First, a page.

End male guardianship in Saudi Arabia

a globe on a desk with Saudi Arabia visible on the map


8 March 2023

End Male Guardianship and Discrimination Against Women

should take further steps to end discrimination against women and fully dismantle the male guardianship system, elements of which were formally codified into the adopted one year ago on International Women’s Day, have said. The authorities should allow women’s rights defenders to take part in activism without fear of harassment or arrest.

and published analyses on International Women’s Day detailing how Saudi Arabia’s first codified Personal Status Law enshrines male guardianship over women and entrenches a system of gender-based discrimination in most aspects of family life, including marriage, divorce, and when making decisions about their children. Moreover, the new law does not adequately protect women from domestic violence.

Saudi women’s rights activists long campaigned for a codified Personal Status Law that would end against women, but the does not reflect any input by them or other independent civil society groups as the text was not made public before it was adopted. Many prominent women’s rights defenders have faced serious government for their activism and are effectively prohibited from publicly commenting on the law.

“Without women’s rights activists’ valuable input, Saudi officials simply used the Personal Status Law to codify existing discriminatory and problematic practices against women, despite promises to the contrary,” said Lina al-Hathloul, head of monitoring and advocacy at ALQST. “Saudi Arabia’s allies and international business partners should press the Saudi authorities to amend the law and meaningfully include women’s rights activists when doing so.”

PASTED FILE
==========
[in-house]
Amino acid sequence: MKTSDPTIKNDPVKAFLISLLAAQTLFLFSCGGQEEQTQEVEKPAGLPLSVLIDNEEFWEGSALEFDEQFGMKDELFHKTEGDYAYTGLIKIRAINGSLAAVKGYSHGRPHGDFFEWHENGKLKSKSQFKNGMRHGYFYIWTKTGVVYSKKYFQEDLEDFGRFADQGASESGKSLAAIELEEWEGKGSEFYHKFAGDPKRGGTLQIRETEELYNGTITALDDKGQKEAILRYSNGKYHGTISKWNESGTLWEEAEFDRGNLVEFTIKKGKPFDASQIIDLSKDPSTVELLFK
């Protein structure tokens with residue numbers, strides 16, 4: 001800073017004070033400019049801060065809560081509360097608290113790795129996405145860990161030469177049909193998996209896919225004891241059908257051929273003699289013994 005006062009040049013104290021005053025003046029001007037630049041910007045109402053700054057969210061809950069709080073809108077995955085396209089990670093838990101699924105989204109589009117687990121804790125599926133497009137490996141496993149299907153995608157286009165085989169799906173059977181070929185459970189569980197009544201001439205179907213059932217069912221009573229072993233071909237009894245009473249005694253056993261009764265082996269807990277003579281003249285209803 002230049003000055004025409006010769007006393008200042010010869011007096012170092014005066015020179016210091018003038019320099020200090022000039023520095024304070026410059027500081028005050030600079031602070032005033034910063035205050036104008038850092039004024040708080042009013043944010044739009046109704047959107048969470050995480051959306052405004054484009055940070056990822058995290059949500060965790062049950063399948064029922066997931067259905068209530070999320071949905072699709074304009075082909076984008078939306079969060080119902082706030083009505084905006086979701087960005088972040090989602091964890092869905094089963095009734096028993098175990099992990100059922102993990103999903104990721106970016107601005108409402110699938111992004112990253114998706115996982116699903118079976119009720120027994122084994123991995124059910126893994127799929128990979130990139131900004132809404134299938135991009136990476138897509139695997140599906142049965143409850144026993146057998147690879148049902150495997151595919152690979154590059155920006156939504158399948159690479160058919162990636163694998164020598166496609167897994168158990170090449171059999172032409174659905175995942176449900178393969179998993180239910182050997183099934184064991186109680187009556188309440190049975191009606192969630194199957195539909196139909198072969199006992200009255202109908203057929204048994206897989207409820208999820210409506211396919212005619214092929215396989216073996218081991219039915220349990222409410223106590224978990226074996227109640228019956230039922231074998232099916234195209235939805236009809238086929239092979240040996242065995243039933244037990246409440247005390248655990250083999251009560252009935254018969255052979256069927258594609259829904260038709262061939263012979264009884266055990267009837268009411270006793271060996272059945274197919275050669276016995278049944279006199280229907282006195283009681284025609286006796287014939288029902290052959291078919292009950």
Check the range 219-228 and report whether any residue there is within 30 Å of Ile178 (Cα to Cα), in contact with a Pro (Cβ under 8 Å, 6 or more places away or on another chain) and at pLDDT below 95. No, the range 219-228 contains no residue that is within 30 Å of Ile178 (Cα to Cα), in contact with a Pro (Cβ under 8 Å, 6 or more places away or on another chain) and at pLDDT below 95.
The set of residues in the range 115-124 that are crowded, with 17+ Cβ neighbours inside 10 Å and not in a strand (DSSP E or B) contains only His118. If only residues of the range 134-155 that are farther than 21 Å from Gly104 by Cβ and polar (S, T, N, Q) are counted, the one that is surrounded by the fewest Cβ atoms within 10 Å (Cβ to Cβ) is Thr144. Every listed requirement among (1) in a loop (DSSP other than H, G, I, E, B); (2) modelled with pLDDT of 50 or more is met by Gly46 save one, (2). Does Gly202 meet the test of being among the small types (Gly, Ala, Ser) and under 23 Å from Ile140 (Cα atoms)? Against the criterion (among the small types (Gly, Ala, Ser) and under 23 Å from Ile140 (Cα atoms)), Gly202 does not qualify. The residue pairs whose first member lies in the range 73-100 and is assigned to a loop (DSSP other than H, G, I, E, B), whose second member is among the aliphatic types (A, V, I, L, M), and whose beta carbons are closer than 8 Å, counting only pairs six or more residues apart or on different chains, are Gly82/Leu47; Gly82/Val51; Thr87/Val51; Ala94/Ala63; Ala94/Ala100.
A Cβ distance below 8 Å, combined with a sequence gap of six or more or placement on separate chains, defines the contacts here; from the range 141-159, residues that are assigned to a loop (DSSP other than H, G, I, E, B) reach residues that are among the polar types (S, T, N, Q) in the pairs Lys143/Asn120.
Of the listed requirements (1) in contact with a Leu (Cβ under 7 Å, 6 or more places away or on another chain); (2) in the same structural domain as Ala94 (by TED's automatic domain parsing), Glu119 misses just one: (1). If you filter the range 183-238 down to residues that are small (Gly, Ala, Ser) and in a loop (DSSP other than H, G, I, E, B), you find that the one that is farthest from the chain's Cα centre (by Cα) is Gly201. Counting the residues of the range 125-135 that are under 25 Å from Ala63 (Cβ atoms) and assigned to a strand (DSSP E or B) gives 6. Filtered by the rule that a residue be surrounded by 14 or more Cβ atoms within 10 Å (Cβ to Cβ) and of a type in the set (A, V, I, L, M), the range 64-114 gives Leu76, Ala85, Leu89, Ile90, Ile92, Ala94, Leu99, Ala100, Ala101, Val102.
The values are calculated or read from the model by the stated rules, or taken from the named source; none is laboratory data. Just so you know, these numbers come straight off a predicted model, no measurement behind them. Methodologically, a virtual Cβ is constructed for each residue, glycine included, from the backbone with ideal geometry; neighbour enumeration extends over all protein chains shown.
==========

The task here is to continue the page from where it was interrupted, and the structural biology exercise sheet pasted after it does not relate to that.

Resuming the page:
“The Saudi government has fallen short of its promises to foster an environment in which women have equal rights to men.”
Heba Morayef, Amnesty International’s regional director for the Middle East and North Africa

Before the codification of the Personal Status Law, Saudi judges relied on and applied their own interpretation of Islamic rulings in cases relating to personal status, which contributed to inconsistent outcomes, especially for . Crown Prince Mohammed bin Salman and other Saudi government officials’ the law helps these discrepancies, but Human Rights Watch and Amnesty International’s analyses found that the law falls significantly short of international human rights standards and still leaves space for judges to exercise their discretion.

Since coming to , Crown Prince Mohammed bin Salman, the de facto ruler, has repeatedly positioned himself on the as a progressive reformer who believes women are to men. Saudi Arabia’s Vision 2030, which women as “another great asset,” says it aims to women.

Although there have been important reforms under bin Salman’s leadership, including giving women the right to and at age 21 without a male guardian’s permission, many of the women and other who for these changes, including , Nassimah al-Sadah, Samar Badawi, and Mohammed al-Rabea, were arbitrarily detained, from travel, or horrifically or ill-treated in prison, including with sexual assault.

These reforms are also taking place in a context in which the space for free speech is virtually , barring public debate on key legal reforms.

Further, some of the legal amendments celebrated by Saudi government officials and their international allies for expanding guardianship more equally to women have been .

“The Saudi government has fallen short of its promises to foster an environment in which women have equal rights to men,” said Heba Morayef, Amnesty International’s regional director for the Middle East and North Africa. “The government should immediately amend the discriminatory provisions in the Personal Status Law so that the male guardianship system is abolished entirely and women have equal rights and responsibilities with regards to marriage, divorce, and decisions about their children.”